To that end, FamilyFarms Group has hired Janine Yorio, a private equity investment specialist, as Senior Vice President to lead capital market initiatives for large row crop farms. Yorio’s job is to obtain growth capital for FamilyFarms team members, which will be used for farmland acquisition capital and better access to structured debt and equity products.

"One of the biggest challenges our teams are facing is access to capital," Yorio says. "All of our teams are looking to grow. We felt it was important to FamilyFarms Group to have more sophisticated, organized capital access. We are trying to find non-traditional lenders who are willing to make flexible loans with higher balances, better terms for the farmers."

"Despite their size, profitable track record, and strategy for sustainable growth, large farms have not historically had access to sophisticated financial products," Lash says. "We intend to change that."

Still, Lash says the rumors that members are pushed to grow acres by the thousands and at all costs are simply not true. He says each farm "team" establishes its own model for growth.

Farmers who have been members and left FFG, however, say that growing individual team farms had been a constant driver for Lash.

In a separate interview with the Reisses, a Plains, Kan., farm family, who was an early investor team in FamilyFarms Group, they said: "We didn't like the focus of growing at a rapid rate. Every situation is different and we believed that including other farm families in our operation was a better growth strategy moving forward. Family Farms was supportive in this idea, but ultimately there were philosophical and cultural differences between their vision and ours that caused us to leave."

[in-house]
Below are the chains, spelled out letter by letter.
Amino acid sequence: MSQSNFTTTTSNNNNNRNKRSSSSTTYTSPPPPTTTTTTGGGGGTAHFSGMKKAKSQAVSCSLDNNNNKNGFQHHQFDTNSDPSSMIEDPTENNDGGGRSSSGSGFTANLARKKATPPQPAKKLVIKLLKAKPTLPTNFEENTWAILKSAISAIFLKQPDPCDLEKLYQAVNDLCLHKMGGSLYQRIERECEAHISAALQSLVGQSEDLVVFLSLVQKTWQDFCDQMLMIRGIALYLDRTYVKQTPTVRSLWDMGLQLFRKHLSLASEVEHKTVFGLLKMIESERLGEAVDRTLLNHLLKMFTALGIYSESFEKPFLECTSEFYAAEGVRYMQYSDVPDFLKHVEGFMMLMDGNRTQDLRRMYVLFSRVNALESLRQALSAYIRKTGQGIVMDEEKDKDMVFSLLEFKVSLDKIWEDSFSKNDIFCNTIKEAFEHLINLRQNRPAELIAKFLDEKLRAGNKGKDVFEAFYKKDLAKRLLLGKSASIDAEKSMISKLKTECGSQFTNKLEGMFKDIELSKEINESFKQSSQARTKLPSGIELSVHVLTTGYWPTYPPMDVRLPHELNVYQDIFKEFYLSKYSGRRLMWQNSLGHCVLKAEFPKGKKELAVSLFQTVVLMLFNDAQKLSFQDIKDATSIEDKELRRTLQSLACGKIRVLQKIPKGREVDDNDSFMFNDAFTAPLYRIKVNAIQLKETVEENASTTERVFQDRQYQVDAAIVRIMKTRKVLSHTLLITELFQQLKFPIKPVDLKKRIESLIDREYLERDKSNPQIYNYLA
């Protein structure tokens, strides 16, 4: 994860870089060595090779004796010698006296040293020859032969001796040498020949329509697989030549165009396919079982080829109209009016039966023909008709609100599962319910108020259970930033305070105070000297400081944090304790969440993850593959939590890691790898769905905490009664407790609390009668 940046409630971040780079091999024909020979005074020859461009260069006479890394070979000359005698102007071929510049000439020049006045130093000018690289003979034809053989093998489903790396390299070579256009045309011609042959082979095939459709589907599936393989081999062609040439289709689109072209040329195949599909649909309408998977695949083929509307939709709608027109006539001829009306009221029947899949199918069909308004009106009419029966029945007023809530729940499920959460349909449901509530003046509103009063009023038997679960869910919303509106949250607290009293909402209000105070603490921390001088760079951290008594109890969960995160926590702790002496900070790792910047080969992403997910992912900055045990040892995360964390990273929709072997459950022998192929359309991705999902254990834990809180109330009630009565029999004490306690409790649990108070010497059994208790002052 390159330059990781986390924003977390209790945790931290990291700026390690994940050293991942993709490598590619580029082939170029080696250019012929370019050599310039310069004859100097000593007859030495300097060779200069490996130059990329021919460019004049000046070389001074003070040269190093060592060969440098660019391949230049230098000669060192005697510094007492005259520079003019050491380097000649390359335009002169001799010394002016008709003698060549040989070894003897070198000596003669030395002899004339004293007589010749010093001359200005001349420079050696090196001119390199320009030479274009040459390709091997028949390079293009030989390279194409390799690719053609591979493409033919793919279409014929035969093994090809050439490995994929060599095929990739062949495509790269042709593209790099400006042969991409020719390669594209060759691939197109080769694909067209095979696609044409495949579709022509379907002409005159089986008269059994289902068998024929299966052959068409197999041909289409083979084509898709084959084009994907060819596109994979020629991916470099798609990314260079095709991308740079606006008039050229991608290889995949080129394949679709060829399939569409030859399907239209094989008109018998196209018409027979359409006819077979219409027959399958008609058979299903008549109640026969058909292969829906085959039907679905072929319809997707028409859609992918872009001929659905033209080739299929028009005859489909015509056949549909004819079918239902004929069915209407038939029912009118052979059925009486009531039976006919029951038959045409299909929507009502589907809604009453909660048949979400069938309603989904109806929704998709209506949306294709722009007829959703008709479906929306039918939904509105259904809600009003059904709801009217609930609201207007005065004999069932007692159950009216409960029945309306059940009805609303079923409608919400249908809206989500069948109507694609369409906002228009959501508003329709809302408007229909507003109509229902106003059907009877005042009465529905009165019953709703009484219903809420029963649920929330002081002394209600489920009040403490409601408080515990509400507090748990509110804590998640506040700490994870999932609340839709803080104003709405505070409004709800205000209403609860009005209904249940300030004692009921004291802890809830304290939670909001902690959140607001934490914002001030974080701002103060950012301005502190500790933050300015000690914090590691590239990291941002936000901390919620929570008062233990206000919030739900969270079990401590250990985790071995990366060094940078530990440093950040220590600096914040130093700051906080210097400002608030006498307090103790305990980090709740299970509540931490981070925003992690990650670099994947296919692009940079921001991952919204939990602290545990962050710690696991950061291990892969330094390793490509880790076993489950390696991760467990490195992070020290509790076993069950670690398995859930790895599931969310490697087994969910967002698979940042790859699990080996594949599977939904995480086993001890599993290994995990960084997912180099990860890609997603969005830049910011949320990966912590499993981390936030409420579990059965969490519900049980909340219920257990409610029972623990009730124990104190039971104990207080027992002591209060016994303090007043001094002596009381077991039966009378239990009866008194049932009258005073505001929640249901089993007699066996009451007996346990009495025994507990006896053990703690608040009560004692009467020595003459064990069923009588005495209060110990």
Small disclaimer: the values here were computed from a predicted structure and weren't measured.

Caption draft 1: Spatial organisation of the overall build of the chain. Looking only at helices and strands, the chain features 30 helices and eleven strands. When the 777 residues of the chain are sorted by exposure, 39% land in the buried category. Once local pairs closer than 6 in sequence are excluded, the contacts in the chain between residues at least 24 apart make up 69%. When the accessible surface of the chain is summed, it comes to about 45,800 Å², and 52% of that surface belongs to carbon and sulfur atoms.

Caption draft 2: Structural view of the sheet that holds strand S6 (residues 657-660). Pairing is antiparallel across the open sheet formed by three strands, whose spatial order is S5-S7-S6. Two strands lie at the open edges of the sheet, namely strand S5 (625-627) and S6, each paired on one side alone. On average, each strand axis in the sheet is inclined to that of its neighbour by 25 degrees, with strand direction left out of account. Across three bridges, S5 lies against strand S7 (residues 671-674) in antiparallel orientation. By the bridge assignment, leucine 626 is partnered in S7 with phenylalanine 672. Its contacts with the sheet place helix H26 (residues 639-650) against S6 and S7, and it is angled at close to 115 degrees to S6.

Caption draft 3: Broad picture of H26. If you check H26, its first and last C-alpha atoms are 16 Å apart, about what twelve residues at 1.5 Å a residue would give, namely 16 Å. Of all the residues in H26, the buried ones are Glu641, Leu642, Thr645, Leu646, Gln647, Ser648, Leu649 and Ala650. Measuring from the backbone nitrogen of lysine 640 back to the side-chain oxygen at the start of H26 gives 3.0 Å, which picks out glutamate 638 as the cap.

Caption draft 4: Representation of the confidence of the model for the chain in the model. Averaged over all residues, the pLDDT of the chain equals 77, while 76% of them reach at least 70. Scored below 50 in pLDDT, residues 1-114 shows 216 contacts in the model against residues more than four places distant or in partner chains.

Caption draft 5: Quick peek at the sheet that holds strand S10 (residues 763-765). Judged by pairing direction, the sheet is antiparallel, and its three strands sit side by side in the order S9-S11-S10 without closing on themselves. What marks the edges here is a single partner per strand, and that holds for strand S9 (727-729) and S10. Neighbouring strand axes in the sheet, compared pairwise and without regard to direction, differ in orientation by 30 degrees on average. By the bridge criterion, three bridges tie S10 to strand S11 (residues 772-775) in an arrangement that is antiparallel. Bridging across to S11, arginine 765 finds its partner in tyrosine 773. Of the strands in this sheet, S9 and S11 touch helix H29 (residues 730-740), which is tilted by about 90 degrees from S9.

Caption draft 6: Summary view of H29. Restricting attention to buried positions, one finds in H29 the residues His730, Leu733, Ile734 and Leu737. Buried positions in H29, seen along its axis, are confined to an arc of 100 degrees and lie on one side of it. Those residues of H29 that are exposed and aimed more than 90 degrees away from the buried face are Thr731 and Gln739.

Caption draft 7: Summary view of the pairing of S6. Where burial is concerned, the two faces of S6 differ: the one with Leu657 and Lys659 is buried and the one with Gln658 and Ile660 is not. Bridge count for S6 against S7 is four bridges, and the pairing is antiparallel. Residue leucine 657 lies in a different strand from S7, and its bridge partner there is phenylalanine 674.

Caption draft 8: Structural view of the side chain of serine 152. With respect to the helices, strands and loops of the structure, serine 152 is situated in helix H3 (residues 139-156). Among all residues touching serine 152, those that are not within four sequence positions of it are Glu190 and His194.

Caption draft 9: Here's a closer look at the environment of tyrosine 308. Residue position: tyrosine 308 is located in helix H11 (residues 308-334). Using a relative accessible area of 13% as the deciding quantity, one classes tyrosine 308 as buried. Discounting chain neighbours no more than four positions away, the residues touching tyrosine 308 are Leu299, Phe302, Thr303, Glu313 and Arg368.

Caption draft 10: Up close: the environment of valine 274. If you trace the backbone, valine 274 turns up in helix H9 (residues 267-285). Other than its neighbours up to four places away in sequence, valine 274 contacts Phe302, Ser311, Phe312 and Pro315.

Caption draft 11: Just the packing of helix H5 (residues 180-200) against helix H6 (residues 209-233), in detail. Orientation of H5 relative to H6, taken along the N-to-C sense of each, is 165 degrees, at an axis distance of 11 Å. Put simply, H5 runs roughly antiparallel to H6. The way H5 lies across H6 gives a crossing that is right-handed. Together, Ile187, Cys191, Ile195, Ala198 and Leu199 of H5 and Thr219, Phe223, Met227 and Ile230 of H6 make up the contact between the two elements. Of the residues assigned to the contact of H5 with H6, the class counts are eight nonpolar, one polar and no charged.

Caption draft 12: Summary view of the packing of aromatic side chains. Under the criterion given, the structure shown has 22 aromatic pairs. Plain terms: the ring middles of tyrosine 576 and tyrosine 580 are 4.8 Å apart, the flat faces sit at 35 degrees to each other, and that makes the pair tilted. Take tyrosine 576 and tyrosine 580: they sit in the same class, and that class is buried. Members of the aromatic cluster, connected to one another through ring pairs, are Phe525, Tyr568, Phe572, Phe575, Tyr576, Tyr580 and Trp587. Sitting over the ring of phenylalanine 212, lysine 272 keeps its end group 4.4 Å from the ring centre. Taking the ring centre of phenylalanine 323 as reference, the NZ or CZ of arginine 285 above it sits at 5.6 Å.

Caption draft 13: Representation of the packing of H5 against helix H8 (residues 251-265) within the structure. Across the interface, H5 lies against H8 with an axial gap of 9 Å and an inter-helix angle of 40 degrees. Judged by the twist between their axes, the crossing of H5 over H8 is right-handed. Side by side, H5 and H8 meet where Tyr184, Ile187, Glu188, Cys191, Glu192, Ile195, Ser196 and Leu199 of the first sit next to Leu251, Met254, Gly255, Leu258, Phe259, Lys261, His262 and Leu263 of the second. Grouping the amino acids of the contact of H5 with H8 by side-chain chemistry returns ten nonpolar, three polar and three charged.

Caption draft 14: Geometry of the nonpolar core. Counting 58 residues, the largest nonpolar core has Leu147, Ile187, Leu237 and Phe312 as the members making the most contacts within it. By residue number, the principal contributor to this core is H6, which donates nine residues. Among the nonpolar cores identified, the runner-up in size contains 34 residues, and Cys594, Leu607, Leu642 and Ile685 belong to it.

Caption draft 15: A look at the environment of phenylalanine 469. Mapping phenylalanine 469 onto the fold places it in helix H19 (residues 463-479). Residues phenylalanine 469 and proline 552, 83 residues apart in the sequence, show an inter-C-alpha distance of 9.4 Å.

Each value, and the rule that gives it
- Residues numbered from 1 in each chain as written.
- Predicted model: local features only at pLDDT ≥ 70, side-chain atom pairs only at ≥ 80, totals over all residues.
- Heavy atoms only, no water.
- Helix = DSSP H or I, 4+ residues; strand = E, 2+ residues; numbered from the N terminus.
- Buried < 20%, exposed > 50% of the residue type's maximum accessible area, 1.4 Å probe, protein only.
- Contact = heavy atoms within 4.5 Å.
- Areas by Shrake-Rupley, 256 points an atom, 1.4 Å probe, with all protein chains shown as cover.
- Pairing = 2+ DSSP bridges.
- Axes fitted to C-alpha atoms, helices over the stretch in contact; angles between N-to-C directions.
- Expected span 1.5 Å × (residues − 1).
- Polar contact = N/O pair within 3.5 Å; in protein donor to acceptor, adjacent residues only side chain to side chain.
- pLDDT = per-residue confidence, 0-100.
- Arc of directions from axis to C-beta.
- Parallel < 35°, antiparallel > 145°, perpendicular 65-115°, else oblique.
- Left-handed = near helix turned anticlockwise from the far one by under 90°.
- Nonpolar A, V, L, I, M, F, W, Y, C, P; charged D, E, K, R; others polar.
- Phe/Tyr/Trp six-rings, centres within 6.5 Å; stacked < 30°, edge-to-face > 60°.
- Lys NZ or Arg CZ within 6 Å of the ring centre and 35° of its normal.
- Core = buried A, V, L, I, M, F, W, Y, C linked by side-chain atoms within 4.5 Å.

The Reiss family does say that the education aspect of Family Farms is top-notch: "We have a lot of respect for the concept and the business education and training." The Reiss family adds: "There are a lot of good families involved."

John and Heather Oden, Sterling, Kan., farmers who have been members for eight months, say they have never felt pressured to grow. "It is all up to the individual farm if expansion is part of their goals," says John. "But FamilyFarms does hold us accountable to our goals."
 

Making Change Fit

The FamilyFarms model doesn’t fit everyone. They’ve had their share of growing pains. There should be a premium for integrity, and asking the right questions and performing due diligence goes a long way toward finding out if FamilyFarms Group is right for you.

"The crop industry is changing, and it’s not us that is driving the change," says Lash. "If I could stop it so that we didn’t lose one more farm in America, I would do it. But I can’t. So our goal is to help farmers deal with this new environment. We’ve built a great business. For a 69-year-old guy, this is good."

Watch for the summer issue of Top Producer for more in-depth coverage of FamilyFarms Group.

 


Some New Features at FamilyFarms Group